Sally Fitzgibbons Foundation

Beginning the Academic Essay

Introduction:
Tip support mechanisms play a central role in tip stability and positioning. Different studies were published to demonstrate the most crucial factor in nasal tip support mechanisms. Historically it was thought that fibrous connection between the upper and lower lateral cartilages play a vital role in the nasal tip support mechanism. 1
Anderson 2 described the tripod theory of tip support and assumed that this tripod (lateral and medial crura) is supposed to be the major support of nasal tip, while Farrior, 3 demonstrated that the lateral crus has a scroll relationship overlapping the upper lateral cartilage and this is important in maintaining the nasal tip support and projection.
Six minor mechanisms for tip support were defined including; ligamentous sling spanning the domes of alar cartilages, dorsal portion of cartilaginous nasal septum, sesamoid complex, attachment of alar cartilage to the overlying skin and musculature, nasal spine and finally membranous portion of nasal septum. 4
The shape of the nose tip is determined by the size, shape, and consistency of the underlying lower lateral cartilages
Keskin
Ghavami et al. 5 stated that the lower lateral cartilages together with the ligamentous attachments between these paired structures are critical in supporting the nasal tip, while Xavier 6 mentioned that the scroll area is mandatory and should be preserved to prevent weakening of tip support.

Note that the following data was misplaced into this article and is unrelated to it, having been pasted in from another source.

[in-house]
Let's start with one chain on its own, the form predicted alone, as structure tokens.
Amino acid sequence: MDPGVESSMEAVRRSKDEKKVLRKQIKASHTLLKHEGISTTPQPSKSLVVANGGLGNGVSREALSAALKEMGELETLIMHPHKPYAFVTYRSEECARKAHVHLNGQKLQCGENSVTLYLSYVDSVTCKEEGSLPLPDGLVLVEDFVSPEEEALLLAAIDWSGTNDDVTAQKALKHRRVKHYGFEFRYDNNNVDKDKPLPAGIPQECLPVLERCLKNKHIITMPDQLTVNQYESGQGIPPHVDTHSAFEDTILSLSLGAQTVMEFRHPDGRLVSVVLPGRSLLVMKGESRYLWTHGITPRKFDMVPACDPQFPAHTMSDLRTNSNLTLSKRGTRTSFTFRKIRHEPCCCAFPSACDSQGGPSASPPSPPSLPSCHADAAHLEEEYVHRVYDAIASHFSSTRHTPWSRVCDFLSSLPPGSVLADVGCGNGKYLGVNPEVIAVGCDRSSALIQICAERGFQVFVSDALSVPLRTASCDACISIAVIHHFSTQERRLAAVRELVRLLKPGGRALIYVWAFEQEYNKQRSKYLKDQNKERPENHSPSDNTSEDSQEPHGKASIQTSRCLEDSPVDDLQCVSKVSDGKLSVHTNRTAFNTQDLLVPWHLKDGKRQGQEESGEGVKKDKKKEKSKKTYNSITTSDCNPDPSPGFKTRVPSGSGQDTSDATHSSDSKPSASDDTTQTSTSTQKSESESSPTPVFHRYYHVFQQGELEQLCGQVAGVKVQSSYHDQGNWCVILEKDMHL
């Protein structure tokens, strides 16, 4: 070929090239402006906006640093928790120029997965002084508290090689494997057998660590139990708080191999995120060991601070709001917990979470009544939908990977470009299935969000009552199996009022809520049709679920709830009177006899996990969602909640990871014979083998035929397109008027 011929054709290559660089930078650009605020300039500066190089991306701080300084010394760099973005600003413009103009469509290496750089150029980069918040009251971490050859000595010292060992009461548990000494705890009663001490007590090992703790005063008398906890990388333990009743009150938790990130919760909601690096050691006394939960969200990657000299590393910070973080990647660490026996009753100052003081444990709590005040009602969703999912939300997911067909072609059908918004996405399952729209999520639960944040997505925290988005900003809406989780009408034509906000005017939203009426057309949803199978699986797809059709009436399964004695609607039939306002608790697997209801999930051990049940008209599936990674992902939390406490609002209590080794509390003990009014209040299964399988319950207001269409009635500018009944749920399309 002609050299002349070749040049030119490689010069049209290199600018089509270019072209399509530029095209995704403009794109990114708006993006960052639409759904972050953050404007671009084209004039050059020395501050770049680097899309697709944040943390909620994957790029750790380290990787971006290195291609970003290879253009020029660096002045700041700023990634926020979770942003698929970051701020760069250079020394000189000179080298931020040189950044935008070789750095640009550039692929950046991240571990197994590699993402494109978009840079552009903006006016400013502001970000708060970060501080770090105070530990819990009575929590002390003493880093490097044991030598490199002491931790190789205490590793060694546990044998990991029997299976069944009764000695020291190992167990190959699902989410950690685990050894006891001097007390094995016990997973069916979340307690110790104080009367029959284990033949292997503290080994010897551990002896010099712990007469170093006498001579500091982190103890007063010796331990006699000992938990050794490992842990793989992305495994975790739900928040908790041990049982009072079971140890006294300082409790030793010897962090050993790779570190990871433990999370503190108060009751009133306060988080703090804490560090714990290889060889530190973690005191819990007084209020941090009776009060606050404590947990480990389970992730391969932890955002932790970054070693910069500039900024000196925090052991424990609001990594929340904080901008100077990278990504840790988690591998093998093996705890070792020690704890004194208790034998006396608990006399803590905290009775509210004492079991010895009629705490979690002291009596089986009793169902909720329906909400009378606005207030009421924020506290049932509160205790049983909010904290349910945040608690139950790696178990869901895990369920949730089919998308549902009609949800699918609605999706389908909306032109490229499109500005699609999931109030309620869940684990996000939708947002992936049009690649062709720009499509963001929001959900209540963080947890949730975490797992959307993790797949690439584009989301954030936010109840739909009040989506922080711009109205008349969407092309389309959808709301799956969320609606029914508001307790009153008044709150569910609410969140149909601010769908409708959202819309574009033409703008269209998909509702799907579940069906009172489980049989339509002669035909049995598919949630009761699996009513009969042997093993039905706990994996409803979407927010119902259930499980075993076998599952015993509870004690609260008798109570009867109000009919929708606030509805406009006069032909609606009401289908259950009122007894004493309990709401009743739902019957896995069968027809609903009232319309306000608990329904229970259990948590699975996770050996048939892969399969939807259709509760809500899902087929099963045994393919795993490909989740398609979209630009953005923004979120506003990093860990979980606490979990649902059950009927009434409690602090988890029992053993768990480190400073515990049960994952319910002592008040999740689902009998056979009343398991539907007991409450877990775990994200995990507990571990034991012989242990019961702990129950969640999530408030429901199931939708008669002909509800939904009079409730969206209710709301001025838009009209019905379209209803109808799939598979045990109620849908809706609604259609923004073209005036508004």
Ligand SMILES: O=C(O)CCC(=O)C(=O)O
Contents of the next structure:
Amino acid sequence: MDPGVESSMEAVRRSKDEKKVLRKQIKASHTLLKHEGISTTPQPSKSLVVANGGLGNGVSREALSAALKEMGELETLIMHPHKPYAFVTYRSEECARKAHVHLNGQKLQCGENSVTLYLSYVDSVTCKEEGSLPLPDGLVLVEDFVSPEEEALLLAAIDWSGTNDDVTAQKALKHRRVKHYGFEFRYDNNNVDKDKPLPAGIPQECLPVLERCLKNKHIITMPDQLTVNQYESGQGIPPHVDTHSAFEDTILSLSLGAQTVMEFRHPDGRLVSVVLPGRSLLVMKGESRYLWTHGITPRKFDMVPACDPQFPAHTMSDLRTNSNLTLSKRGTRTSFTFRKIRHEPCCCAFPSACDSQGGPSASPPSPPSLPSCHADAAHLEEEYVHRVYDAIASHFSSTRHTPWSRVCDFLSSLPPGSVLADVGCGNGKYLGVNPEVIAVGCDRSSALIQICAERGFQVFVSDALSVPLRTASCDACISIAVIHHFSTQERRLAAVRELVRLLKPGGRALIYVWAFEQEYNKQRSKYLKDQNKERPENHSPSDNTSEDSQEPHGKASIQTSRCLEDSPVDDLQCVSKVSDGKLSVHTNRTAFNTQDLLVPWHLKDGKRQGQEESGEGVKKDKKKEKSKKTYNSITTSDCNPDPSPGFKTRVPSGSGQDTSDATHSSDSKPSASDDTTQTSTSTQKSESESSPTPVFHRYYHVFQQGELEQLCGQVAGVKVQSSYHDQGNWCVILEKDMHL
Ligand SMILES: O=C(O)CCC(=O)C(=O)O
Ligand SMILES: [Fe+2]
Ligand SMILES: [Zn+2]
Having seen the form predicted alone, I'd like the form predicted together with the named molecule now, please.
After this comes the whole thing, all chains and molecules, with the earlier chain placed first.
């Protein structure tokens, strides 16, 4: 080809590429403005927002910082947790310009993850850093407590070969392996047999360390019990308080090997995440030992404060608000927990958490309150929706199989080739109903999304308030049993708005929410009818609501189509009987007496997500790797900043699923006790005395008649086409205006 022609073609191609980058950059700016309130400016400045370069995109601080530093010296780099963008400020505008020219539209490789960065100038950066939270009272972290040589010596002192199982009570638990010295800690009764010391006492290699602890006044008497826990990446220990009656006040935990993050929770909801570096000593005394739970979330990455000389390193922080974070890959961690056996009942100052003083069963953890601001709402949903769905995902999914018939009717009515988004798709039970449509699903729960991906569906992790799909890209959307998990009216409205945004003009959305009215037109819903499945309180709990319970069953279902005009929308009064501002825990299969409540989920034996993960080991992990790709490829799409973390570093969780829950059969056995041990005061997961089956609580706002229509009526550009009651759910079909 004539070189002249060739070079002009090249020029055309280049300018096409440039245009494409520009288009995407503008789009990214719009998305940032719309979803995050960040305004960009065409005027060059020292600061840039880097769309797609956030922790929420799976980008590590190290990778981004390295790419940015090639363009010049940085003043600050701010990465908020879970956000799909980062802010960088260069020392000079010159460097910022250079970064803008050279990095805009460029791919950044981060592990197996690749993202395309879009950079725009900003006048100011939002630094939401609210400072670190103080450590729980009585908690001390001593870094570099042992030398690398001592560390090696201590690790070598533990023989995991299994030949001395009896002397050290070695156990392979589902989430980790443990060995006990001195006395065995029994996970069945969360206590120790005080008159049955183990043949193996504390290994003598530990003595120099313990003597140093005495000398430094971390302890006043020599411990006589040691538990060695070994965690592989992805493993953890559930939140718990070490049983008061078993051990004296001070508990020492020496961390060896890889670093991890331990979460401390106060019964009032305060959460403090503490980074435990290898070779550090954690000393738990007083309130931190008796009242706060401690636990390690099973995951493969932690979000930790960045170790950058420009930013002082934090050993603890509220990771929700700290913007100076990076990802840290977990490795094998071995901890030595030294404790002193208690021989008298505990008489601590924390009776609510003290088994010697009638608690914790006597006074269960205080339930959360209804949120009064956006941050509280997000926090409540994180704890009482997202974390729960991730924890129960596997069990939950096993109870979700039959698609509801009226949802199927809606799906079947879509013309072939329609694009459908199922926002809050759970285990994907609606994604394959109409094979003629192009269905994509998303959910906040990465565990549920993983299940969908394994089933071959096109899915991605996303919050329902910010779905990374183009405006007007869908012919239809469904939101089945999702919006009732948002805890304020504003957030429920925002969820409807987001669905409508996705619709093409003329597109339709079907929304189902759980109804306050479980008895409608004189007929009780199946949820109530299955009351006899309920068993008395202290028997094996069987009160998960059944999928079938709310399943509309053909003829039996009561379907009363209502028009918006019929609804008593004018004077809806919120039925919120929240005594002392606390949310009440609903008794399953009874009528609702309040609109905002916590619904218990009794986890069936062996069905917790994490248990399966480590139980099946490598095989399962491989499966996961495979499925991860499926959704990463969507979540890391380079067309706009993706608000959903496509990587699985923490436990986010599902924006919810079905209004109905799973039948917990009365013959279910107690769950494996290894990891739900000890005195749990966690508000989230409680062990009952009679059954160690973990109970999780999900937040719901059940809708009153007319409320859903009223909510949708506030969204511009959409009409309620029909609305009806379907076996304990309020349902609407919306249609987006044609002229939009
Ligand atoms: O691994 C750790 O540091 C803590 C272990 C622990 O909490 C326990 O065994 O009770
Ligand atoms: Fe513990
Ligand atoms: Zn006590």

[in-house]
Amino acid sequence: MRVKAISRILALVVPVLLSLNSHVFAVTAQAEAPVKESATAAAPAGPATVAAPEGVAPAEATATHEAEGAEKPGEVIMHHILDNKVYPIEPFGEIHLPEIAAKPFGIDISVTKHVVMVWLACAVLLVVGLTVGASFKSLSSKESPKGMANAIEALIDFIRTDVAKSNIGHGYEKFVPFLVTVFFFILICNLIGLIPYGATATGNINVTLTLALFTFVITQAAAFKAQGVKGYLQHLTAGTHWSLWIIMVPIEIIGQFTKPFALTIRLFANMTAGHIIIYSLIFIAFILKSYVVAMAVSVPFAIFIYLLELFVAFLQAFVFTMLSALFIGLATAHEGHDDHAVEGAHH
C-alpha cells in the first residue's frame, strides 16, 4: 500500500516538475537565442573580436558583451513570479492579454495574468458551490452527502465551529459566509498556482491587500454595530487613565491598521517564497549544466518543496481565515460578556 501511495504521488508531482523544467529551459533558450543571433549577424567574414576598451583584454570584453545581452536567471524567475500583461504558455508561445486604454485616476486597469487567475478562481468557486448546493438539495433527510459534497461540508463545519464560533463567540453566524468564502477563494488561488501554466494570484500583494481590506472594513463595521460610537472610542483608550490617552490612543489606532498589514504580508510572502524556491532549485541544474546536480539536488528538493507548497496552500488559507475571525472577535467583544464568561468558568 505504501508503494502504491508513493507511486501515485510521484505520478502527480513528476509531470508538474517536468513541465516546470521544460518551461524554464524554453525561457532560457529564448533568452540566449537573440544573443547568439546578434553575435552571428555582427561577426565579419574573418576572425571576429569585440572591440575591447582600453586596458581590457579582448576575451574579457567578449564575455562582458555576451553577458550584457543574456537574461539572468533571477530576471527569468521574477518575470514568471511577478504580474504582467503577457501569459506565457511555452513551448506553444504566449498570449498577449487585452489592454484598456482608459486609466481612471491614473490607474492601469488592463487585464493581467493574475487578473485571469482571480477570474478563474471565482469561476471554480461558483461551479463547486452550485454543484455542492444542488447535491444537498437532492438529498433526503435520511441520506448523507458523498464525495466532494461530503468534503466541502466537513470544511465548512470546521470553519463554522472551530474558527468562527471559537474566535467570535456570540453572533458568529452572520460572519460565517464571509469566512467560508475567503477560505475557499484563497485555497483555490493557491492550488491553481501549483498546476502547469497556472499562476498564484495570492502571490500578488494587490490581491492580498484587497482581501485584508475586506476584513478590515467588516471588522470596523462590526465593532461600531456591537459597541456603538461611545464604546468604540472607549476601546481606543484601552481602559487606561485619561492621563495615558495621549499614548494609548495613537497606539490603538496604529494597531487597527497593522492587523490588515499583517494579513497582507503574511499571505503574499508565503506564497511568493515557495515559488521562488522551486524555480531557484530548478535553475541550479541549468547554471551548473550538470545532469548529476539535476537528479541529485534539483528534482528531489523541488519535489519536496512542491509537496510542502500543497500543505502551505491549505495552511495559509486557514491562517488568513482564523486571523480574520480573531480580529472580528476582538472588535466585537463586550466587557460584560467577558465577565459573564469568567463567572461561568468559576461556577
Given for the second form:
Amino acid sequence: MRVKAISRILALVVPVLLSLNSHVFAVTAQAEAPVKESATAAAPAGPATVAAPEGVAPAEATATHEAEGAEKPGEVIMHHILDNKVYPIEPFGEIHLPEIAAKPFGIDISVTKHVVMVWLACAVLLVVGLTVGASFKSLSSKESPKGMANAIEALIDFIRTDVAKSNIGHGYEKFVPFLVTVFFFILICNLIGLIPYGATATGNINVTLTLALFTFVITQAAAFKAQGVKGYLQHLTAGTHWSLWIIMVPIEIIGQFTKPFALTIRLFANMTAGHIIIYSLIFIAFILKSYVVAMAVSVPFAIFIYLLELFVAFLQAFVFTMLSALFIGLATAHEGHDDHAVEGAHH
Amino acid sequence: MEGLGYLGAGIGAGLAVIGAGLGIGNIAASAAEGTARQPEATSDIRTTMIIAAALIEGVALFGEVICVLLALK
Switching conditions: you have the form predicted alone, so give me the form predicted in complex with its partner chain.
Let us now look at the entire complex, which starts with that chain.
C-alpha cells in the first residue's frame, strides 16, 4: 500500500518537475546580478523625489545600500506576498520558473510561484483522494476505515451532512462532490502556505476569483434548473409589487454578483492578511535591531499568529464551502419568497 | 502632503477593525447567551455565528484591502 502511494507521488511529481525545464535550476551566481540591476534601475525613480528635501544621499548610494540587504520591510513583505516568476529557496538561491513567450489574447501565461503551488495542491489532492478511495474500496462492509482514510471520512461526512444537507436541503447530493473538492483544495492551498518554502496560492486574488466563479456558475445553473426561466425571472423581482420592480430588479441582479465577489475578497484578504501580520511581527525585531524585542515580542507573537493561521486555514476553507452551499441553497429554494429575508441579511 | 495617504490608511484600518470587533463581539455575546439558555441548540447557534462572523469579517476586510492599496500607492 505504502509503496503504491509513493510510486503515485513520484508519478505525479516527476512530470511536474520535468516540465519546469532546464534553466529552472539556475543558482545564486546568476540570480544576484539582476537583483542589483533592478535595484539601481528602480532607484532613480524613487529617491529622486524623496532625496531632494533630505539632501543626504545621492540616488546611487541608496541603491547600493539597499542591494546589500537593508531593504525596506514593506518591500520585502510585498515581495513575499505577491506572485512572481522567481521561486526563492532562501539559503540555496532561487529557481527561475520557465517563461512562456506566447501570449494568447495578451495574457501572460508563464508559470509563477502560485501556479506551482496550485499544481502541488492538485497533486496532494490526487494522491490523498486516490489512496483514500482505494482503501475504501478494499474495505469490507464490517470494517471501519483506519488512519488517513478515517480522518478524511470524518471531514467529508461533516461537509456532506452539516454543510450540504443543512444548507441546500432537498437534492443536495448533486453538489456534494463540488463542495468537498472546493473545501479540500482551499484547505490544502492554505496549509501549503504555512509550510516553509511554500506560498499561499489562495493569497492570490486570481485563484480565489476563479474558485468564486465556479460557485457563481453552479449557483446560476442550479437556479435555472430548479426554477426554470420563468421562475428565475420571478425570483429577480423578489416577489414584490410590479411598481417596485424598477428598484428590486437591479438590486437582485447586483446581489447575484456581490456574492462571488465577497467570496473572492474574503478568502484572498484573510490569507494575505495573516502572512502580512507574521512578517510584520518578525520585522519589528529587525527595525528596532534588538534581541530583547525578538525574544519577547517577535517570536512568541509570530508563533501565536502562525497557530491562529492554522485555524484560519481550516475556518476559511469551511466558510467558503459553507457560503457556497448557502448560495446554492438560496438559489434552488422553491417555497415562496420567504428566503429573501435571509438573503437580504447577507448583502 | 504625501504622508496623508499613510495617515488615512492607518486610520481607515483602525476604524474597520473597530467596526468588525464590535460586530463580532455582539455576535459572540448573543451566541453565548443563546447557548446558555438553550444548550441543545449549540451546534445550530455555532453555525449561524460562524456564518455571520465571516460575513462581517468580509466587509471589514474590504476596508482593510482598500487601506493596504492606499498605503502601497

Quatela and Pearson 7 mentioned that the medial crural foot plates play an important role in nasal tip support and projection, while Shomouelian et al. 8 added that disruption of the scroll area attachment in addition to the attachment of the medial crura to the caudal septum could result in loss of the nasal tip support.
In aging nose, to best address the patient’s wishes, surgeon must possess a sound understanding of the atrophic changes associated with the aging nose, including tip ptosis, increased nasal bulbosity, long nose and altered nasal airflow patterns. 9
Surgical emphasis is placed on conservative structured reduction to address functional concerns. Over-resection risks destabilizing the nasal tip and altering the patient’s concrete self-image. 10
Facial skeleton and overlying soft tissue undergo a gradual transformation throughout the aging process, and there are several consistent age associated changes of the three-layered structure, consisting of skin and subcutaneous tissues, bony and cartilaginous support and mucosa. 11
Macroscopic changes affecting the nasal tip include; downward migration of the lateral crura of the lower lateral cartilages and an unfurling of the scroll area, leading to drooping of the nasal tip. 12 In addition, maxillary alveolar bone resorption causes posterior displacement of the pyriform aperture and divergence of the medial crura, reducing tip projection further and exaggerating the already acute nasolabial angle. 13